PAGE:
Sample Independent Execution Message

The following sample shows that the Single Server block is about to execute the service completion event for the entity whose identifier is en2. The event time of T=5 equals the current simulation time. The event has priority 500, which is relevant if multiple events on the event calendar share the same event time. The event identifier is ev3.

%==============================================================================%
Executing ServiceCompletion Event (ev3)               Time = 5.000000000000000
: Entity = en2                                        Priority = 500
: Block  = Single Server

Sample Cancelation Message

The following sample shows that the Single Server block is about to cancel the service completion event for the entity whose identifier is en2, because the entity has timed out. The service completion event has priority 500 and identifier ev4.

%==============================================================================%
Executing Timeout Event (ev3)                         Time = 1.000000000000000
: Entity = en2                                        Priority = 1700
: Block  = Single Server
    %..........................................................................%
    Canceling ServiceCompletion Event (ev4)
    : EventTime = 5.000000000000000
    : Priority  = 500
    : Entity    = en2
    : Block     = Single Server

For more information, see Event Sequencing and Event Calendar Usage for Queue-Server Model.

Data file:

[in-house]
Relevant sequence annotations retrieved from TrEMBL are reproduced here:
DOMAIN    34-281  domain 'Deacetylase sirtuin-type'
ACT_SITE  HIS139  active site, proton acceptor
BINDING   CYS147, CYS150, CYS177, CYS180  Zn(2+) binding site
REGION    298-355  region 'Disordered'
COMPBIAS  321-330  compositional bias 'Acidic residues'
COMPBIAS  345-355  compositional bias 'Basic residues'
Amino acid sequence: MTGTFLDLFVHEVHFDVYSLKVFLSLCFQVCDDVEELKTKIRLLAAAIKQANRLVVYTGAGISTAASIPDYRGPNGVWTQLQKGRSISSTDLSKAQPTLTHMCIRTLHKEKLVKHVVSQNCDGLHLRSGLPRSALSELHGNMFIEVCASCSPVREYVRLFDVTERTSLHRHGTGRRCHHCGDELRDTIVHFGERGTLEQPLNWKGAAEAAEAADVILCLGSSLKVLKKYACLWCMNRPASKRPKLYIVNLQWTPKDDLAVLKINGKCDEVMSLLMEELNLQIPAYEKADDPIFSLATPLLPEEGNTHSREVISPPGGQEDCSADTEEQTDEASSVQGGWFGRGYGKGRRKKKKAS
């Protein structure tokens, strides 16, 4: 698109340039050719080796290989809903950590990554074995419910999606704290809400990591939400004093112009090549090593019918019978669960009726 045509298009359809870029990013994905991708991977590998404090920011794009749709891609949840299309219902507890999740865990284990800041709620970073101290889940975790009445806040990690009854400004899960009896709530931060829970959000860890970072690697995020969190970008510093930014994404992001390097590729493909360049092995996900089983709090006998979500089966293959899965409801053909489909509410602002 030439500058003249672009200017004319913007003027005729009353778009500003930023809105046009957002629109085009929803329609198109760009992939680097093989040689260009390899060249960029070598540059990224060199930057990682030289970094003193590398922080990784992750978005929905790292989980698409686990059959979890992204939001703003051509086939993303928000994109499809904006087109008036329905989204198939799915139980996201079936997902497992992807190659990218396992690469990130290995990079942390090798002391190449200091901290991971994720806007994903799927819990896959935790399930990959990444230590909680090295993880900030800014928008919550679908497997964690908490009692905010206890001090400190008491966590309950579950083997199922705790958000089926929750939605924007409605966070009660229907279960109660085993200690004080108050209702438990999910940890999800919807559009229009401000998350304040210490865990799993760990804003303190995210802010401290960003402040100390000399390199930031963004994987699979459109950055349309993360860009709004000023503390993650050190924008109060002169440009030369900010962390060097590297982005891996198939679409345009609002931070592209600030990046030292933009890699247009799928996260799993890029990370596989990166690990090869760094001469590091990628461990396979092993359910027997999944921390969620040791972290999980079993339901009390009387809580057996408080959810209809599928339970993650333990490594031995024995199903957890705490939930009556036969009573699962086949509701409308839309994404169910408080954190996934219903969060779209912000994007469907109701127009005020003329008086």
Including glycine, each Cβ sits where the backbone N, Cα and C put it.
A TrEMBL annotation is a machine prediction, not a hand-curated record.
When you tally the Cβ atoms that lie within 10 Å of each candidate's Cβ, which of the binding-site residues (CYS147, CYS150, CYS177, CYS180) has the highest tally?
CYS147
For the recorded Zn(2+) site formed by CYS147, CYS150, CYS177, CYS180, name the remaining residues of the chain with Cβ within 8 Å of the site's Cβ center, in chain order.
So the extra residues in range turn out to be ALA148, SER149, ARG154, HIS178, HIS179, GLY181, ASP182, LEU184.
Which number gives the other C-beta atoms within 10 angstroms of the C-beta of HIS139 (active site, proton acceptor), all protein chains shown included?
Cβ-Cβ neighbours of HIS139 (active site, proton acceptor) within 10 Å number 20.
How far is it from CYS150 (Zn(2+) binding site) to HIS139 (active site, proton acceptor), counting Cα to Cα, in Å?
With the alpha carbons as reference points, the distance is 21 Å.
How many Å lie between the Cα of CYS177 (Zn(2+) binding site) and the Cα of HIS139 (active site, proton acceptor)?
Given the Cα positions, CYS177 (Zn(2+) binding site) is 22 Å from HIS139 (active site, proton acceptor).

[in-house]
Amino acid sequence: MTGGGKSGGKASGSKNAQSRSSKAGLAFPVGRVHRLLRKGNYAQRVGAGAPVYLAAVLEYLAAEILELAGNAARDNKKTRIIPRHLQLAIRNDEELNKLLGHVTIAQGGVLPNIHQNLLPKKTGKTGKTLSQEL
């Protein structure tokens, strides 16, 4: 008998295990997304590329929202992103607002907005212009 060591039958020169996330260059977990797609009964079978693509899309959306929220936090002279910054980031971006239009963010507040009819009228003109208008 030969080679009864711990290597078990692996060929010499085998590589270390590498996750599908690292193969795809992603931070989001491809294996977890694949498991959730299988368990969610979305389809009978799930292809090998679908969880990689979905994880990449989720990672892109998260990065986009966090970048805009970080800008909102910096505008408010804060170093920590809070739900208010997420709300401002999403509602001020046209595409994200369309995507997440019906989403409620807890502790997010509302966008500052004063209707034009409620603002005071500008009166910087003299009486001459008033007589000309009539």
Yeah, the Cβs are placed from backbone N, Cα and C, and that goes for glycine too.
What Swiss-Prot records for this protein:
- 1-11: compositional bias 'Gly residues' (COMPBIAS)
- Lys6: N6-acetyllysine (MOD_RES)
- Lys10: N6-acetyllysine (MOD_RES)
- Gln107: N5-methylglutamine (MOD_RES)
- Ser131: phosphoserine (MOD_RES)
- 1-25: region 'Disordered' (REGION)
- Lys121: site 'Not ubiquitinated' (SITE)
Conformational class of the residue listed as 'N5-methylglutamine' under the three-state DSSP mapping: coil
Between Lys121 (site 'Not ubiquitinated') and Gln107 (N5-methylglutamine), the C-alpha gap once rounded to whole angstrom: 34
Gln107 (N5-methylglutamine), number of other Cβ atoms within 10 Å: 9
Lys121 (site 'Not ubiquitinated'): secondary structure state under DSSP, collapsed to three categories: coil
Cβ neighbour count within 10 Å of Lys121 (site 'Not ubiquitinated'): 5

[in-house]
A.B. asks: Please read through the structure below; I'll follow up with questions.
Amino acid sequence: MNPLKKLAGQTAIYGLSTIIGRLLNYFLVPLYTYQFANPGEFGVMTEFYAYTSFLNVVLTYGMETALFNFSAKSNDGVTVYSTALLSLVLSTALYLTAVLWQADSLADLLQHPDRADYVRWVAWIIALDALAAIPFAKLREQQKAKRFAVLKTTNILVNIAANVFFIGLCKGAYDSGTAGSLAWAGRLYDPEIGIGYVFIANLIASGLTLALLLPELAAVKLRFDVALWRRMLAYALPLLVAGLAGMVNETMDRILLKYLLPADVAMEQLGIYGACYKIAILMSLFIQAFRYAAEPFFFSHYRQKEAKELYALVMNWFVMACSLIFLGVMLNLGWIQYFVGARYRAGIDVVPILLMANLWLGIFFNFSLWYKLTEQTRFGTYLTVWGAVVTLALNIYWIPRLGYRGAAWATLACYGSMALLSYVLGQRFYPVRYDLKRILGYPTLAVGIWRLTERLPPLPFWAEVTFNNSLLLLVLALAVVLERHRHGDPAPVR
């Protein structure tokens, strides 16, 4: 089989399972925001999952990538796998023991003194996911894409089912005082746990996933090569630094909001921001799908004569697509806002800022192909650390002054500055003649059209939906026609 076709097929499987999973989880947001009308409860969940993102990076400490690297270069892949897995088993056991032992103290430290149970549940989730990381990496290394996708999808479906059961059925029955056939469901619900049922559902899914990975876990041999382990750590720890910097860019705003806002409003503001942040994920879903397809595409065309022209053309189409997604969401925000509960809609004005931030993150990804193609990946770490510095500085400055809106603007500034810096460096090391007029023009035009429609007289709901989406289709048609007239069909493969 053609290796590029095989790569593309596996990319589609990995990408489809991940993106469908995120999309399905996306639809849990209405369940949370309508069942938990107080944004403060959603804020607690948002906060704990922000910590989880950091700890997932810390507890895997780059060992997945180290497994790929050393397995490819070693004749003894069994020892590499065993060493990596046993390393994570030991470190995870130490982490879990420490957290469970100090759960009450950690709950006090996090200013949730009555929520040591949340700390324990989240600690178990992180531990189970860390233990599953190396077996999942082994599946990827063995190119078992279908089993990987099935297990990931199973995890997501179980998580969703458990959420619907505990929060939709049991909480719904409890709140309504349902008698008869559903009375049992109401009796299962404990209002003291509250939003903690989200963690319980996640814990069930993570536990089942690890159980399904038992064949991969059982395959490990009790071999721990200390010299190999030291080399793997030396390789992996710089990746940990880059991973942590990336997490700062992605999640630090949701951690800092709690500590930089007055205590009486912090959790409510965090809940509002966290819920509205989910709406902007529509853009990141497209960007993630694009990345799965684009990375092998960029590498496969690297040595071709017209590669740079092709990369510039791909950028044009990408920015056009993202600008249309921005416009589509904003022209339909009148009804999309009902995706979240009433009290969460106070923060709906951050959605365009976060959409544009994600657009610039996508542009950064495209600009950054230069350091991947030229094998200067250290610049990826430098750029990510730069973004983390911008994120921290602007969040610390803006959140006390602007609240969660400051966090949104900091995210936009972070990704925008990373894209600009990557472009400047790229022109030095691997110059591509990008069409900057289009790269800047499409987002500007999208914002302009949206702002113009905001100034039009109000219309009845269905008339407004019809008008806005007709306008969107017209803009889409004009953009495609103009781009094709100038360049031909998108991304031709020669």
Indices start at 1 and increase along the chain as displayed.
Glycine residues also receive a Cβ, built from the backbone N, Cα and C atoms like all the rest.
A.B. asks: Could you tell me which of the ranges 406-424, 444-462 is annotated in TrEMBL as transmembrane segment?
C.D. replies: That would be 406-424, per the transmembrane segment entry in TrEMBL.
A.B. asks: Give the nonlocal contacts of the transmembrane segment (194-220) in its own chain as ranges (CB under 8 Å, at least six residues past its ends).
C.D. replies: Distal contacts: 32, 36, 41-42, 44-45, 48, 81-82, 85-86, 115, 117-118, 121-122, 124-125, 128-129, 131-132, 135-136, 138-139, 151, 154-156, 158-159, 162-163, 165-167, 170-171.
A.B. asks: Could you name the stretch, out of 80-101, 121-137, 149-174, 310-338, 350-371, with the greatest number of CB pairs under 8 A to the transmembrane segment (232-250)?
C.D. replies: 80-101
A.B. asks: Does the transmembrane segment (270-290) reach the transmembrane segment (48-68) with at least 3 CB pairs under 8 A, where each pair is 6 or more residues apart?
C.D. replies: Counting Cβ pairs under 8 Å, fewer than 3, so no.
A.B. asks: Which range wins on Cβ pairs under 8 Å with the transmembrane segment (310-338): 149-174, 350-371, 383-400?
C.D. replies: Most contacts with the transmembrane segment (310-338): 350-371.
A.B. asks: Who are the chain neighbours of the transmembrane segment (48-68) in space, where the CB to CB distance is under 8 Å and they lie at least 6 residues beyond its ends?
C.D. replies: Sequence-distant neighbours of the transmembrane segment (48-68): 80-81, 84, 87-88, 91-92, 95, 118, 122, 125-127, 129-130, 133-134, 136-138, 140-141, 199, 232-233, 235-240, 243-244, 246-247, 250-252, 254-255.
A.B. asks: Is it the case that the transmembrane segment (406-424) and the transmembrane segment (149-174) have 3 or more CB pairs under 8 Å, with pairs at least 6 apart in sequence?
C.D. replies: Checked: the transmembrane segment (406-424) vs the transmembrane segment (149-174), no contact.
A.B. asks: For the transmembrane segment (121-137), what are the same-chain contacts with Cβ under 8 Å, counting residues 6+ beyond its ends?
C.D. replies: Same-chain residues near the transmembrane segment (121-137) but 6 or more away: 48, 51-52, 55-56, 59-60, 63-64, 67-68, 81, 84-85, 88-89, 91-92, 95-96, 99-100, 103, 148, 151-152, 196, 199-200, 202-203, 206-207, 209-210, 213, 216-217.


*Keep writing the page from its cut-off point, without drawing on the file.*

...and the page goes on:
Detection Messages

Reactive ports, listen for relevant updates in the input signal and cause an appropriate reaction in the block possessing the port. For a list of reactive ports, see Notifying, Monitoring, and Reactive Ports. When labeled reactive ports detect relevant updates during a debugging session, the simulation log displays a message whose summary starts with Detected. These messages indicate that the update in the signal has happened and that the block has detected it. The block has not yet responded to the update. The response depends on the particular block. For details, see individual block reference pages.

The appearance of detection messages depends on their source:

  • If the input signal is time-based and enters the discrete-event system through the Timed to Event Signal gateway block, the update is an independent operation and the detection message is not indented. This kind of detection message is one of the few ways in which time-based blocks affect the simulation log.

  • If the input signal is event-based, the update is a dependent operation and the detection message is indented.

    Note:   If a port not in the list of reactive ports, such as the function() input port of a Function-Call Subsystem block, detects a trigger or function call, the simulation log does not display a detection message.

Sample Detection Message

The following sample shows a detection message that indicates that the Event-Based Entity Generator block has detected that its input signal changed to a new value of 1 from a previous value of 0. Because the block is configured to respond to rising value changes, the signal update is relevant. The block responds by scheduling an entity generation event for the current simulation time (denoted by Now).

    %..........................................................................%
    Detected Rising Value Change
    : NewValue  = 1
    : PrevValue = 0
    : Block     = Event-Based Entity Generator
    %..........................................................................%
    Scheduling EntityGeneration Event (ev2)
    : EventTime = 0.000000000000000 (Now)
    : Priority  = SYS1
    : Block     = Event-Based Entity Generator

Entity Operation Messages

Various blocks produce messages in the simulation log that describe how the block are about to impact entities. The details of entity operation messages depend on what information is relevant for the particular block and operation.